Enabling ‘Child Destruction’: The Reality of Late Term Abortion (Part 2 of 2)
by Peter D. Williams
Last week, we looked at the reality of late-term abortion in the U.S. and the U.K., a subject raised by the exchange between Donald Trump and Hillary Clinton in the third U.S. Presidential Debate. Their exchange was actually over a specific procedure known as ‘Dilation and Extraction’ (‘D&X’), colloquially known as ‘partial-birth’ abortion, as the debate moderator Chris Wallace had asked Clinton why she voted against a ban on that practice.
As we discussed, ‘partial-birth’ abortion is not an inappropriate phrase: D&X involves killing a child in the third trimester of pregnancy by their being partly born breech (i.e. buttocks and feet first), and being subject to a craniotomy (their skull crushed, and the contents removed) before they are fully born. This horrific practice is only the most explicit of the various methods by which unborn children are killed late in pregnancy, but it was uniquely banned in the U.S. in 2003, a prohibition that was upheld in a Supreme Court judgement in 2003.
Despite that, D&X still has a continuing relevance there, and even potentially even over here in the United Kingdom. Not only are precisely the same arguments made in favour of its legality as are employed to justify the availability of all forms of late term abortion in Britain, but the legal possibility of it either side of the Atlantic illustrates the absurdity and injustice of our current laws.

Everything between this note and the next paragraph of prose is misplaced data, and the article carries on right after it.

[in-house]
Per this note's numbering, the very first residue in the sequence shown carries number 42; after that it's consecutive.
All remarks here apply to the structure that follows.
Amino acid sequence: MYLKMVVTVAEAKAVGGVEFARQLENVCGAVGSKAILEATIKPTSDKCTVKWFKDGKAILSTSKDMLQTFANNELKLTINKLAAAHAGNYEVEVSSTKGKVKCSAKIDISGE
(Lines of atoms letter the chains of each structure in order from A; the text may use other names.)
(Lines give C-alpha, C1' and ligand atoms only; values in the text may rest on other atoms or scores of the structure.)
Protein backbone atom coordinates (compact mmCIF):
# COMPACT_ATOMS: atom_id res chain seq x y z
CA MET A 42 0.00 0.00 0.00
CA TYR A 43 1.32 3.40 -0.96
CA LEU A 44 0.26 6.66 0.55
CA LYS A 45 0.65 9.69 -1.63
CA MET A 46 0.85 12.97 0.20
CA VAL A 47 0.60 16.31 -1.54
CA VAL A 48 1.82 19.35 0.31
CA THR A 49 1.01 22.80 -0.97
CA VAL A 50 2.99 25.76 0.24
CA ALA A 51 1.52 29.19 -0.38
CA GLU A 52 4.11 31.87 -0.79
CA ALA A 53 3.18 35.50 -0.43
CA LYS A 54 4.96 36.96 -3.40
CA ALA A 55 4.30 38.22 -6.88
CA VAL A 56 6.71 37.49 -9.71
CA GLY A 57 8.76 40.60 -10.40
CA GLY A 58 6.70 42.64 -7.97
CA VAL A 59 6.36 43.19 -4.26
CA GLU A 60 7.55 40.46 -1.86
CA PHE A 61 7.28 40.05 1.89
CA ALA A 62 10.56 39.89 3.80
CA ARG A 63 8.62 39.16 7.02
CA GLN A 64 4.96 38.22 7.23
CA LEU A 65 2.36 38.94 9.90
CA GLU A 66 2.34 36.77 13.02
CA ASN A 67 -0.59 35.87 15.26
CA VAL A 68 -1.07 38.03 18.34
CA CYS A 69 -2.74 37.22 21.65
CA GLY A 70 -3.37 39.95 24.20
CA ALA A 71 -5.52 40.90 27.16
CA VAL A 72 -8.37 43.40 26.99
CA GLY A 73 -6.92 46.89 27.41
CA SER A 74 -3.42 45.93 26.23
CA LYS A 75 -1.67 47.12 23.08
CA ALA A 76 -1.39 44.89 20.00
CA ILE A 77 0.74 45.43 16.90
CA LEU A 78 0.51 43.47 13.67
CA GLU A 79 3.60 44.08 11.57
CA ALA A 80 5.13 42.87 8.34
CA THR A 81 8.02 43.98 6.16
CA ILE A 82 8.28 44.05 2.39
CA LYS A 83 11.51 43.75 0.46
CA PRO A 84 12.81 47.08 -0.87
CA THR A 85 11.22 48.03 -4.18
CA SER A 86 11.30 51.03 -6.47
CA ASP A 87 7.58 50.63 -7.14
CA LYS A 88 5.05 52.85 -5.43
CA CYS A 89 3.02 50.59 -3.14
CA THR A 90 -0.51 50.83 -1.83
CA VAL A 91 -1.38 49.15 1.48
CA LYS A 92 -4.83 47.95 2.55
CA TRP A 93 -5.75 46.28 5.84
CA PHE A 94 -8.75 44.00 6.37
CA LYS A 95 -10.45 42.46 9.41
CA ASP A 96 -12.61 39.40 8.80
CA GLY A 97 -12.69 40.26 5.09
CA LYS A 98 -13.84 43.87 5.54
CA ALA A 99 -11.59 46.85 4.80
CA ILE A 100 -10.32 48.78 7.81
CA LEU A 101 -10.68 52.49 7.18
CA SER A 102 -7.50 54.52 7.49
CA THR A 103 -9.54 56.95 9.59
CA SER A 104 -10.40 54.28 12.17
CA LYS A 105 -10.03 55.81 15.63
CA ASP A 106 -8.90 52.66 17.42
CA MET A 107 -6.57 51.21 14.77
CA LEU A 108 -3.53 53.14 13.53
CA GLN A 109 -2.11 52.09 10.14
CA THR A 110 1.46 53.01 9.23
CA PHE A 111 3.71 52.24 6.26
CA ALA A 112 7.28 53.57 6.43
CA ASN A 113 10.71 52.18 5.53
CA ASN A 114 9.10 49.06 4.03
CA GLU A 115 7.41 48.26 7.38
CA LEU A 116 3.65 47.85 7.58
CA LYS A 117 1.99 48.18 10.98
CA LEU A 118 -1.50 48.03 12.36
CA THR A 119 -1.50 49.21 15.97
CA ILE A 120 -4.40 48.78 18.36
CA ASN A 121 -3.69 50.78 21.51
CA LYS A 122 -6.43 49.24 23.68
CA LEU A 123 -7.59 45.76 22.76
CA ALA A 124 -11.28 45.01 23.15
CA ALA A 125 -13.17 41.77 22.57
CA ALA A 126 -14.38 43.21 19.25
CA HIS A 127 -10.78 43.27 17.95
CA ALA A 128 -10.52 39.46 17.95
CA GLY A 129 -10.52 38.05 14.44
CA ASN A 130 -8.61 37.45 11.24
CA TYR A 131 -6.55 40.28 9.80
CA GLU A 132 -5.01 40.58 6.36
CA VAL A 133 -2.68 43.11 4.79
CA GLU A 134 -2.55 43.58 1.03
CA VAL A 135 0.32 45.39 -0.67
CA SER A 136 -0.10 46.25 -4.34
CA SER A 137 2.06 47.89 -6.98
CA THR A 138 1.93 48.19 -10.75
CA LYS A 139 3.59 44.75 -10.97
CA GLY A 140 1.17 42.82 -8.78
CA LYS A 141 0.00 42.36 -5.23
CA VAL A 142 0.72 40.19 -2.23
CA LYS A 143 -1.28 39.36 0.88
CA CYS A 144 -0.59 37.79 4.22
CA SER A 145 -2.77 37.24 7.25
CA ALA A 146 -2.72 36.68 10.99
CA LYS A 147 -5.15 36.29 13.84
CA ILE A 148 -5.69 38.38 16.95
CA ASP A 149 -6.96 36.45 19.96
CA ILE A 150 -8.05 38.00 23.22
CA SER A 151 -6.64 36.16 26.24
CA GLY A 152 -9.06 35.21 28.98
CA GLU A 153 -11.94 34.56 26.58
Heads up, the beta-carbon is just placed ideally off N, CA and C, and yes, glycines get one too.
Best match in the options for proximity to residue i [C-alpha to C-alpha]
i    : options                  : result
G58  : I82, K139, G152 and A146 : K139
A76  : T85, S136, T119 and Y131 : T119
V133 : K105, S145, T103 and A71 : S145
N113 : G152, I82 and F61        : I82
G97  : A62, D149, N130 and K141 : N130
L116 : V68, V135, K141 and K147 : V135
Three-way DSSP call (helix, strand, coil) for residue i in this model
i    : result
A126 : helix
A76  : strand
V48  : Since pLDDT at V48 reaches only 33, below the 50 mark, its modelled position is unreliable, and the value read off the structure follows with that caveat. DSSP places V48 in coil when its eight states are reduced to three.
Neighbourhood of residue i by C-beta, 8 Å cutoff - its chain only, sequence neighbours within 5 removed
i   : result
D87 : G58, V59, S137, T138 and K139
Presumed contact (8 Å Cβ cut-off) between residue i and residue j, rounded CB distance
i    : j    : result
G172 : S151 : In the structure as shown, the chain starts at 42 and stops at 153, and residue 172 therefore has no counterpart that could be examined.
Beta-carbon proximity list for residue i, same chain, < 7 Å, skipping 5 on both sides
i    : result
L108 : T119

The defence of D&X from American abortion advocates has come in two forms: firstly, to deny that it exists, and secondly, to justify it as a grave necessity either to safeguard women’s lives and health, or to relieve heart-breaking anguish in cases of life-limiting fetal disability.
The denial argument forms part of a general defence of late-term abortion itself, occasioned by the typically trite, not to mention oafishly careless and generalistic, words of Donald Trump, in his comment on Clinton’s position (to which we will come presently):
‘If you go with what Hillary is saying, in the ninth month you can take the baby and rip the baby out of the womb of the mother just prior to the birth of the baby. Now, you can say that that is OK, and Hillary can say that that is OK, but it’s not OK with me’.